Date of Award

Spring 2020

Document Type

Thesis

Degree Name

Master of Science (MS)

Department

Psychology

Committee Director

James P. Bliss

Committee Member

Mark Scerbo

Committee Member

Konstantin Cigularov

Abstract

Automation is pervasive across all task domains, but its adoption poses unique challenges within the intelligence, surveillance, and reconnaissance (ISR) domain. When users are unable to establish optimal levels of trust in the automation, task accuracy, speed, and automation usage suffer (Chung & Wark, 2016). Degraded visual environments (DVEs) are a particular problem in ISR; however, their specific effects on trust and task performance are still open to investigation (Narayanaswami, Gandhe, & Mehra, 2010). Research suggests that transparency of automation is necessary for users to accurately calibrate trust levels (Lyons et al., 2017). Chen et al. (2014) proposed three levels of transparency, with varying amounts of information provided to the user at each level. Transparency may reduce the negative effects of DVEs on trust and performance, but the optimal level of transparency has not been established (Nicolau & McKnight, 2006). The current study investigated the effects of varying levels of transparency and image haze on task performance and user trust in automation. A new model predicting trust from attention was also proposed. A secondary aim was to investigate the usefulness of task shedding and accuracy as measures of trust. A group of 48 undergraduates attempted to identify explosive emplacement activity within a series of full motion video (FMV) clips, aided by an automated analyst. The experimental setup was intended to replicate Level 5 automation (Sheridan & Verplank, 1978). Reliability of the automated analyst was primed to participants as 78% historical accuracy. For each clip, participants could shed their decision to an automated analyst. Higher transparency of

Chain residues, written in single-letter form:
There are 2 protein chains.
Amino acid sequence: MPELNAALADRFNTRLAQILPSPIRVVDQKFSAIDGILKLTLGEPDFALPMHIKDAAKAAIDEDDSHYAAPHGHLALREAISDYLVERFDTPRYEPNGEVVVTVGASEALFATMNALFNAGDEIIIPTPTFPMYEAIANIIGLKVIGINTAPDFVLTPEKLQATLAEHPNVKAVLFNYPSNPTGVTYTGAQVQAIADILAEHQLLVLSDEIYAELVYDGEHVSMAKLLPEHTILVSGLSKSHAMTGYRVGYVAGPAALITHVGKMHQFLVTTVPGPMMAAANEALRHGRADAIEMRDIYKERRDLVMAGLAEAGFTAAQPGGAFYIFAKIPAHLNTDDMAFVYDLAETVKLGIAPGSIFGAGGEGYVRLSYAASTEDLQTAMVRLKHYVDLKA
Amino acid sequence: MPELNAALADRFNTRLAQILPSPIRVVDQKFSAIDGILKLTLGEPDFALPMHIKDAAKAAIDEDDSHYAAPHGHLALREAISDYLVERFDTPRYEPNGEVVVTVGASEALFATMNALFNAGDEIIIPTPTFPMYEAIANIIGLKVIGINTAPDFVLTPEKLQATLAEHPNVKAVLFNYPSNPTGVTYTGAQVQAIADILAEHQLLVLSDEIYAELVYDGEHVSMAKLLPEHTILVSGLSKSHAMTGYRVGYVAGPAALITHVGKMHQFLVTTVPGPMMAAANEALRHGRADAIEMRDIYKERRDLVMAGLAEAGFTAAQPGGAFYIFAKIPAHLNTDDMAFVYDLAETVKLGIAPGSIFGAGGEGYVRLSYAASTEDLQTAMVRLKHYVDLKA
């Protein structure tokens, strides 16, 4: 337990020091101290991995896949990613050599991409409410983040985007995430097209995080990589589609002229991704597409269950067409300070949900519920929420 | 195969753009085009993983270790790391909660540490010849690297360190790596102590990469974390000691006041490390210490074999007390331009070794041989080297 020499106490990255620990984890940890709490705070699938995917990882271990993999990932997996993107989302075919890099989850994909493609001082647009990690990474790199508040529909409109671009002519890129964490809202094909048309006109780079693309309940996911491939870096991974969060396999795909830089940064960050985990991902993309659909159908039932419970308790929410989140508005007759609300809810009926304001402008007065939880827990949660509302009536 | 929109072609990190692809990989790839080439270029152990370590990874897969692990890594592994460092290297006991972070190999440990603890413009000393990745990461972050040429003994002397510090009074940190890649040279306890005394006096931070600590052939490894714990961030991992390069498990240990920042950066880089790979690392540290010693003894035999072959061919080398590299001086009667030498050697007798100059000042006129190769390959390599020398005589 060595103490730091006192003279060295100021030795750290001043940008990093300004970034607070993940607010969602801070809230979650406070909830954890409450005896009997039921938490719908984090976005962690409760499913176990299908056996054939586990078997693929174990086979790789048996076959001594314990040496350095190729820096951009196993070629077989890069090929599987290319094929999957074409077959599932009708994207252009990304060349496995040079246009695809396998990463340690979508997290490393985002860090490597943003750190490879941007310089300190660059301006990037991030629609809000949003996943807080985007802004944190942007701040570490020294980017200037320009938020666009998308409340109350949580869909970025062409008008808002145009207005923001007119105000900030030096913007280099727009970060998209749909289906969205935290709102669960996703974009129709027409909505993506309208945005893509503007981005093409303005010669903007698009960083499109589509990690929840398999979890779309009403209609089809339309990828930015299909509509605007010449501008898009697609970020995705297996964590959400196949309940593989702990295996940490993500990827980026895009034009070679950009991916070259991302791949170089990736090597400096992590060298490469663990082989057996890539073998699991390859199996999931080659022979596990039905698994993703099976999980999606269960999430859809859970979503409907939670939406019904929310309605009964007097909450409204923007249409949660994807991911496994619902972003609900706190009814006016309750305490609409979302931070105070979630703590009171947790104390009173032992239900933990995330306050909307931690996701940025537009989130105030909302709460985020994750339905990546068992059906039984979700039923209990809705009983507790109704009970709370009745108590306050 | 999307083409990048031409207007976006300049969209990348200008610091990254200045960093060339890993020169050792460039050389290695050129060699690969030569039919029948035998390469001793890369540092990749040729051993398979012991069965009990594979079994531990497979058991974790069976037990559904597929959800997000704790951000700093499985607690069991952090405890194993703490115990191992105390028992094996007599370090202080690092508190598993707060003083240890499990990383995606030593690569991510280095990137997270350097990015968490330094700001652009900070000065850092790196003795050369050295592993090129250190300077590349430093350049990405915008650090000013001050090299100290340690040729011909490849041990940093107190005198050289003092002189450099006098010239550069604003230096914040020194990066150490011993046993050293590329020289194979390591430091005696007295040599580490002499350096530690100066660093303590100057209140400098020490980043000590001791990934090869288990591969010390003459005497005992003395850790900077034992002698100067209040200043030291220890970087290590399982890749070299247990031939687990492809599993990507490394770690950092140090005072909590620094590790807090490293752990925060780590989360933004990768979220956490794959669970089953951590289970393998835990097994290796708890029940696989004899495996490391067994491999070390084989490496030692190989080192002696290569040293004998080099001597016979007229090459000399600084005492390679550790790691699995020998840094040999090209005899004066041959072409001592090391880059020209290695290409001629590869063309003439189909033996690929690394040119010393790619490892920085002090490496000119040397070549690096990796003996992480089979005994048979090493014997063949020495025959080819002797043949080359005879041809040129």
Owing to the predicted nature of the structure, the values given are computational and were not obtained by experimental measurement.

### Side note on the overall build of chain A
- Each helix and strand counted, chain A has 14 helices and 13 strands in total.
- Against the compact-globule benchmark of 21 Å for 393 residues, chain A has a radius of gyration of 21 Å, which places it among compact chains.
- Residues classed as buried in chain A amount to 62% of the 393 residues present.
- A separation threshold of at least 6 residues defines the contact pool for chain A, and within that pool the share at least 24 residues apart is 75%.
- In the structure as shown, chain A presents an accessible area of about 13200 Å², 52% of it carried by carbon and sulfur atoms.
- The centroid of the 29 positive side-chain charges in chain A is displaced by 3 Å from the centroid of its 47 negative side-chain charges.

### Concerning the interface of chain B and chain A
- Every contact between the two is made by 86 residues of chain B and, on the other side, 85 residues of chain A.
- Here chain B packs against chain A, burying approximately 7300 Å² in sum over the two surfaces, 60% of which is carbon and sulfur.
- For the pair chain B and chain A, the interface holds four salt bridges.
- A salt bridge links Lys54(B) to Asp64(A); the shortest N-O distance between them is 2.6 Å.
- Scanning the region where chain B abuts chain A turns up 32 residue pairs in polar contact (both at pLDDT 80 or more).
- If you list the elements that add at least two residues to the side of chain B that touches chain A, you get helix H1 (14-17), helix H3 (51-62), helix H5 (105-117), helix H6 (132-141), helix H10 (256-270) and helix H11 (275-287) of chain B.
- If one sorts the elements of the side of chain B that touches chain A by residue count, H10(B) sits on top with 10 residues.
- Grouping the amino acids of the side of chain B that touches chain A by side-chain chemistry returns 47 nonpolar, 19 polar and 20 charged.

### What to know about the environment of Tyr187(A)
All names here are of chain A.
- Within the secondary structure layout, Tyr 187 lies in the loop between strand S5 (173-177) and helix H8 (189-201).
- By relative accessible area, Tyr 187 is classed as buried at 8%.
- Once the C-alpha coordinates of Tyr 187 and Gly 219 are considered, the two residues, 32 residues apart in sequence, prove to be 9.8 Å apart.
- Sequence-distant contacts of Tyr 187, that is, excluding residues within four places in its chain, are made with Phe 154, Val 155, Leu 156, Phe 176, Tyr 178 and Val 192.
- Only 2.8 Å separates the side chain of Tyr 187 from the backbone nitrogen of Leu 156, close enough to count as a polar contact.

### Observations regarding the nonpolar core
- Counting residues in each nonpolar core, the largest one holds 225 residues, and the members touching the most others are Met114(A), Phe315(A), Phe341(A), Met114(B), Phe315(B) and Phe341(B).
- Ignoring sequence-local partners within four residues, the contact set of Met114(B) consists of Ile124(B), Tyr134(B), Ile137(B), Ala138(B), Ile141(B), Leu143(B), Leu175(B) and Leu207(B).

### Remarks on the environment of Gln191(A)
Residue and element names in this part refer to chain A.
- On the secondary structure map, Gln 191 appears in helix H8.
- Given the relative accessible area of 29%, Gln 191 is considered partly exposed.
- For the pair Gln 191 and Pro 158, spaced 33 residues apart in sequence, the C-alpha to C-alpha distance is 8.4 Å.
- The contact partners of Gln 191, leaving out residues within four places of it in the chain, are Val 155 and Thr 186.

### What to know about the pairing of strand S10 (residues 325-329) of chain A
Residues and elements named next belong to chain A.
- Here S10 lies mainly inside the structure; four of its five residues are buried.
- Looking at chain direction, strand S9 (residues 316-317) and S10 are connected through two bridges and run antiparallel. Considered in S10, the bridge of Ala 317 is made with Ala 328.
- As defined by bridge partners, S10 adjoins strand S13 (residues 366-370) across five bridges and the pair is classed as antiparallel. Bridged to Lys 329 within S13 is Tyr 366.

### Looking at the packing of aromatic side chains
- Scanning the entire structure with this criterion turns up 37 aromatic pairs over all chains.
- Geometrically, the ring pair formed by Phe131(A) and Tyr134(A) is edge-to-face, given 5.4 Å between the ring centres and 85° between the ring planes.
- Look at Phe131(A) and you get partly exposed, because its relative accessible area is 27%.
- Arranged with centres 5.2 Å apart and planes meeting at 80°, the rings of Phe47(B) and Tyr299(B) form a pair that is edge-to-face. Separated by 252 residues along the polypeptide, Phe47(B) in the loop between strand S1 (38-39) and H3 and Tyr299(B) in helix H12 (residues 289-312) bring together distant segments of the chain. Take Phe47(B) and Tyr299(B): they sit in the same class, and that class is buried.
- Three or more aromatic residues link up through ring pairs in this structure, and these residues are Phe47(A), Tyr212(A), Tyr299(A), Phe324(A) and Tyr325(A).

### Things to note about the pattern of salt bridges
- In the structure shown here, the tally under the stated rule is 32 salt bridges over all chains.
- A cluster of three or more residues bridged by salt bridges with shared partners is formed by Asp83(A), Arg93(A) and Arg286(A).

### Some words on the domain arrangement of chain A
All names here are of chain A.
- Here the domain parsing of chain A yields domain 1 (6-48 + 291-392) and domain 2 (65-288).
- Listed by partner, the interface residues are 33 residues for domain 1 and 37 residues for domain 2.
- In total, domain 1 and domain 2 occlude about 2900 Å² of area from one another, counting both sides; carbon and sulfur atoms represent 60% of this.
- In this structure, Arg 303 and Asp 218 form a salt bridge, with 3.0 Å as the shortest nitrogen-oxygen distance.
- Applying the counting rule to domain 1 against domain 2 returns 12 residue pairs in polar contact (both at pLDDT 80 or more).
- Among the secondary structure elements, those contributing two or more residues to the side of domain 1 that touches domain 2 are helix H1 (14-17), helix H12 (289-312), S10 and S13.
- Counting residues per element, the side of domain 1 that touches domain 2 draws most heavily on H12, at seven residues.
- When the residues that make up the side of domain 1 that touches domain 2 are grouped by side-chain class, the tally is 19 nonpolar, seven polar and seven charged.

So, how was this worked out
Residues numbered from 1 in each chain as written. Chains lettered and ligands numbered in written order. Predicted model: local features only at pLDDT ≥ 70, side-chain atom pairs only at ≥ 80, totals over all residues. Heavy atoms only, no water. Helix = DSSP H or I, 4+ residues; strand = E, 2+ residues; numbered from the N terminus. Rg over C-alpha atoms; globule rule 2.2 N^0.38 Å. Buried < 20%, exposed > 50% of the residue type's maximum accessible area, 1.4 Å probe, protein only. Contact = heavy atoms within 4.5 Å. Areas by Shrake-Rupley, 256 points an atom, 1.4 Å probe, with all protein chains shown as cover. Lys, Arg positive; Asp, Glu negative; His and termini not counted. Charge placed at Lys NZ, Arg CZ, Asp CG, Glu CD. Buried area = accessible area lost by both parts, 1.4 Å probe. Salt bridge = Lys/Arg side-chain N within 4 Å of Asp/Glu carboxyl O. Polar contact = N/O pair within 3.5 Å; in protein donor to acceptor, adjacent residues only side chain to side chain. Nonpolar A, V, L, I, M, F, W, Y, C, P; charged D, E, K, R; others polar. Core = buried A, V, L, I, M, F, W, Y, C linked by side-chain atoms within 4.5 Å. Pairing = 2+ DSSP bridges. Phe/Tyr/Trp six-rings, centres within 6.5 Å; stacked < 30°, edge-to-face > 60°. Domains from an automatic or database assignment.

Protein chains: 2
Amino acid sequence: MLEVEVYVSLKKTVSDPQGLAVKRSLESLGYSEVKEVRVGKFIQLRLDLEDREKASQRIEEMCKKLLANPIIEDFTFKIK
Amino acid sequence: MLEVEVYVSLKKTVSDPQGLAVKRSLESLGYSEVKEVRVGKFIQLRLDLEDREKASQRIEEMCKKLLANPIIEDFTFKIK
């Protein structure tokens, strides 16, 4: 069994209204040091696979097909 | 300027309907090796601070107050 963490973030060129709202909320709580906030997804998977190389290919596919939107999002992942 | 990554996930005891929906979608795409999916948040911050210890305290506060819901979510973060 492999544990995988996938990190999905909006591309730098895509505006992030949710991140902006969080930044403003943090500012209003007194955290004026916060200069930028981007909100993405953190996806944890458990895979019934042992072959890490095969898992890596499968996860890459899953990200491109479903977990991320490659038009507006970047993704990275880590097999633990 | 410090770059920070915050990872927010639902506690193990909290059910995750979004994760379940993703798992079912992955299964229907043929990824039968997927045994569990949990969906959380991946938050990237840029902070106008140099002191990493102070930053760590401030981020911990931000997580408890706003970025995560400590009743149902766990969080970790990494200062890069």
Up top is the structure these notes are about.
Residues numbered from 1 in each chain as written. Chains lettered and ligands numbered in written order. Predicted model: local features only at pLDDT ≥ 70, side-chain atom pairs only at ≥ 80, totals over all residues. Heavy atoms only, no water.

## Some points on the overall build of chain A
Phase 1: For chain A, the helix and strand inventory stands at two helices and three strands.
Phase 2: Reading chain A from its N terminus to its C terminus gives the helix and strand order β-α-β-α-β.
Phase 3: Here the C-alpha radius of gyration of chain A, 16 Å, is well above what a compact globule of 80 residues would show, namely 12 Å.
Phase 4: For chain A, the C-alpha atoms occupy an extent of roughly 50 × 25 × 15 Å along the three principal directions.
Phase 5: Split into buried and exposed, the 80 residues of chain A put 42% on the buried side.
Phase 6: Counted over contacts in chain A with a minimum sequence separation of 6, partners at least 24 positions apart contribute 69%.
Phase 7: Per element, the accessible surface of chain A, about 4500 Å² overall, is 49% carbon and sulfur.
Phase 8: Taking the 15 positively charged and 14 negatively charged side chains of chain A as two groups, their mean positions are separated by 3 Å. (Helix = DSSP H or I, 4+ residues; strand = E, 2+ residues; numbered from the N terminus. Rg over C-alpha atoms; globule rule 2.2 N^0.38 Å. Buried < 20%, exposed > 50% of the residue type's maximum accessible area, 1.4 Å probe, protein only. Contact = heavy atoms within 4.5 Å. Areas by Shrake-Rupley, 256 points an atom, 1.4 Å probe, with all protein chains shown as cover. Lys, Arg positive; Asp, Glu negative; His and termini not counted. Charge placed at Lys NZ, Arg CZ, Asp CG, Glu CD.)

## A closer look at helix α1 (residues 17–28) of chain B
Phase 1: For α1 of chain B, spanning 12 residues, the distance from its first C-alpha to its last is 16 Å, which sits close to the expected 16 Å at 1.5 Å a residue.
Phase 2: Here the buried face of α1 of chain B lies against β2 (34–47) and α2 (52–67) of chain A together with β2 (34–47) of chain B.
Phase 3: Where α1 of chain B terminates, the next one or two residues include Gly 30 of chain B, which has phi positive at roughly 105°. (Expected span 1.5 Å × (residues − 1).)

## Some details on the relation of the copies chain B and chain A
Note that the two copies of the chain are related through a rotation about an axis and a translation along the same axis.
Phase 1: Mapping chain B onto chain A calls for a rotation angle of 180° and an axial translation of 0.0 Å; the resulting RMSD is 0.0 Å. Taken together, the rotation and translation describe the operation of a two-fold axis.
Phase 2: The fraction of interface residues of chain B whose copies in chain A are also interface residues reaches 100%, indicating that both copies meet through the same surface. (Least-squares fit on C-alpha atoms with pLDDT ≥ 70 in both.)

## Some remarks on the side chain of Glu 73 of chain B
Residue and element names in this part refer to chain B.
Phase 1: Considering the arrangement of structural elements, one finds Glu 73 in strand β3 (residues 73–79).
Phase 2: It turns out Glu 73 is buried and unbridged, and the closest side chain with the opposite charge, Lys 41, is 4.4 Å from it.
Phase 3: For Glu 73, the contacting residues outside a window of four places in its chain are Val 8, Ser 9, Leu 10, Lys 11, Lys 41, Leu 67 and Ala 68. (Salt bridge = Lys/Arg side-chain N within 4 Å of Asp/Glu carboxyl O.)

automation predicted significantly higher accuracy, whereas hazy visual stimuli predicted significantly lower accuracy and 2.24 times greater likelihood of task shedding. Trust significantly predicted accuracy, but not task shedding. Participants were fastest in the medium transparency condition. The proposed model of attention was not supported; however, participants’ scanning behavior differed significantly between hazy and zero haze conditions. The study was limited by task complexity due to efforts to replicate real-world conditions, leading to confusion on the part of some participants. Results suggested that transparency of automation is critical, and should include purpose, process, performance, reason, algorithm, and environment information. Additional research is needed to explain task shedding behavior and to investigate the relationship between degrade visual environments, transparency of automation, and trust in automation.

DOI

10.25777/7sba-p044

ISBN

9798607333386

ORCID

0000-0003-1164-906X

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